3.4.3. FTIR Analysis of Ag-Nps
FT-IR measurements were carried out to identify the possible functional group responsible for the reduction of the Ag+ ions and capping of the bioreduced Ag-Nps synthesized by starch. Figure 8(b) represents the FTIR spectrum of starch and shows bands at 3304 cm−1 for –OH stretching (aliphatic hydroxyl group), 2928 cm−1 for C–H stretching (aliphatic C–H), and 1639 cm−1 for carbonyl stretching (C=O, carbonyl group). In Figure 8(a), there is deviation of both hydroxyl and carbonyl group; it appears at 3338 and 1637 cm−1, indicating that both were involved in synthesis of Ag-Nps.
3.4.4. XRD Analysis of Ag-Nps
In the XRD spectrum (Figure 9), the broad reflexion at 20° to 30° is due to the low crystallinity of the starch, and other peaks are assigned to diffractions from the (111) and (200) planes of face-centred cubic (fcc) silver (Ref. no-01-087-0717). SAED pattern of AgNPs (Figure 7) also showed a diffuse band corresponding to the polymorph of starch. Because the diffraction pattern of silver nanoparticles could not be observed, it indirectly explains the amorphous nature of AgNPs. We hypothesized that an extensive number of hydroxyl groups can facilitate the complexation of metal ions to the molecular starch matrix. Ag+ reduced to Ag and Ag may be completely wrapped or be inside the starch molecule. XRD and SAED pattern indicates the partial amorphous nature of starched AgNPs.
3.4.5. NMR-ESI MS Analysis of 2-(2-Chlorophenyl)-1H-benzimidazole 
We used starched Ag-Nps as catalyst for synthesis of 2-aryl benzimidazole derivatives. In our initial experiments, we choose 1,2-phenylenediamine (1.0 mmol) and o-chlorobenzaldehyde(1.0 mmol) as a model reaction for optimization of catalyst and reaction conditions. Figures 10(a) and 10(b) show 1HNMR and ESI-MS spectra of 2-(2-chlorophenyl)-1H-benzimidazole. These results confirmed that Ag-Nps significantly increased the selectivity for synthesis 2-aryl benzimidazole.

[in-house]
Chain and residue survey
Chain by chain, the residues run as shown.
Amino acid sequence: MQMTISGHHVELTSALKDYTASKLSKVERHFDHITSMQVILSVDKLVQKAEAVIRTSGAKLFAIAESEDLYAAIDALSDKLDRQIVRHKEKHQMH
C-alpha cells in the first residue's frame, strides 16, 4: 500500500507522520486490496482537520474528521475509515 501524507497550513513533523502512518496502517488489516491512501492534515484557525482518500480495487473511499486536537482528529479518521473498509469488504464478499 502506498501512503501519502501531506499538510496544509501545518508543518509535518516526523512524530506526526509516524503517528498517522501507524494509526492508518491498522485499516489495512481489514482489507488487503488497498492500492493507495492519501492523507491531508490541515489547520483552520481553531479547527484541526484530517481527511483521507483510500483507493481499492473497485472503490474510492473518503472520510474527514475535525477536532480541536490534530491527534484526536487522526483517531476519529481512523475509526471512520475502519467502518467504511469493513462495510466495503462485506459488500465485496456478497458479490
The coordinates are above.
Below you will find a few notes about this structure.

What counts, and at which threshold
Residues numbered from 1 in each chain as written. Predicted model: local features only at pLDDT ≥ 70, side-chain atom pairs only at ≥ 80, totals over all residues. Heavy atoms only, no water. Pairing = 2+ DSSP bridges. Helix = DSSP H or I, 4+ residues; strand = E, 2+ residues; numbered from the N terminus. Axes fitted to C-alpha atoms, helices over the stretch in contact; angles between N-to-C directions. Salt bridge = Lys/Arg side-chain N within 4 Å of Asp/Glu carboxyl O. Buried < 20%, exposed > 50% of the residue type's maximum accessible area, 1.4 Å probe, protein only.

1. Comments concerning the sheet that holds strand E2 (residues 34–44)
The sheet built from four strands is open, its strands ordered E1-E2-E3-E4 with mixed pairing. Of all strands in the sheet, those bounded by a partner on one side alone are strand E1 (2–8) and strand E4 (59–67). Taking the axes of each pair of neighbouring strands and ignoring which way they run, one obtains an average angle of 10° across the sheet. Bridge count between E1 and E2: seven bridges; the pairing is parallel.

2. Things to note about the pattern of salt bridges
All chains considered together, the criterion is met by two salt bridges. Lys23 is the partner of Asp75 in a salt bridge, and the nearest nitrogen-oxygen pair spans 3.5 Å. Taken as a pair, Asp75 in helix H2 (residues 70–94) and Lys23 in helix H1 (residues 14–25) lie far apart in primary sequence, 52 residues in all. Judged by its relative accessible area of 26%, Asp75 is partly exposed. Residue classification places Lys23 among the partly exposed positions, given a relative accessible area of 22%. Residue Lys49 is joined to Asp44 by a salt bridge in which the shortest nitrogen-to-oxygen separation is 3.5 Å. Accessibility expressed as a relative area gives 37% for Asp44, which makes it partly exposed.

Chemical formula: C13H9ClN2; white solid (~95%); mp 230–232°C; 1H NMR (500 MHz, CDCl3): 8.40 (dd, 1H), 7.68 (br, 2H), 7.48 (m, 1H), 7.40 (m, 2H), and 7.31 (m, 2H); ESI-MS: = 229.1 ().
3.4.6. Mechanism for Ag-NP Catalyzed Synthesis of 2-Aryl Benzimidazole
We inspired from oxidative properties of Ag-NPs well documented by Cong et al. for the Diels-Alder cycloadditions of 2′-hydroxychalcones . Based on our experimental results we propose the brief working mechanism generated by the AgNP’s for the synthesis of 2-aryl benzimidazole derivatives as shown in Figure 11. The existence of electron transfer processes between the AgNP and an aldehyde substrate, consistent with the electron transfer processes in metal nanoparticle-catalyzed oxidation reactions [35–38].
In summary, we have demonstrated a simple, clean, effective, economical, nontoxic, and environment friendly technique for the synthesis of colloidal silver nanoparticle by using starch as reducing and stabilizing agent under sonication. Sonochemical reduction route demonstrates a remarkable potential for fabricating desired particle size colloidal silver nanoparticles. Absorption spectra confirm the presence of surface plasmon resonance at 420 and 440 nm, characteristic of Ag-Nps. A diverse range of pH was used to standardize the reaction at room temperature. In addition, the use of sonication for synthesis of Ag-Nps is more environmentally friendly and safer than other synthetic methodology. Starched Ag-NPs showed efficient catalytic activity for the synthesis of 2-aryl benzimidazole.
Conflict of Interests
The authors declare that there is no conflict of interests regarding the publication of this paper.
This scientific work has been funded by the Prometeo Project of the National Secretariat of Science, Technology and Innovation (SENESCYT), Ecuador. The authors thank Dr. Colon Velasquez (Director, INIGEMM, Ecuador) for providing XRD instrumental assistance. they also thank PROINSTRA, Ecuador, for providing FTIR facility.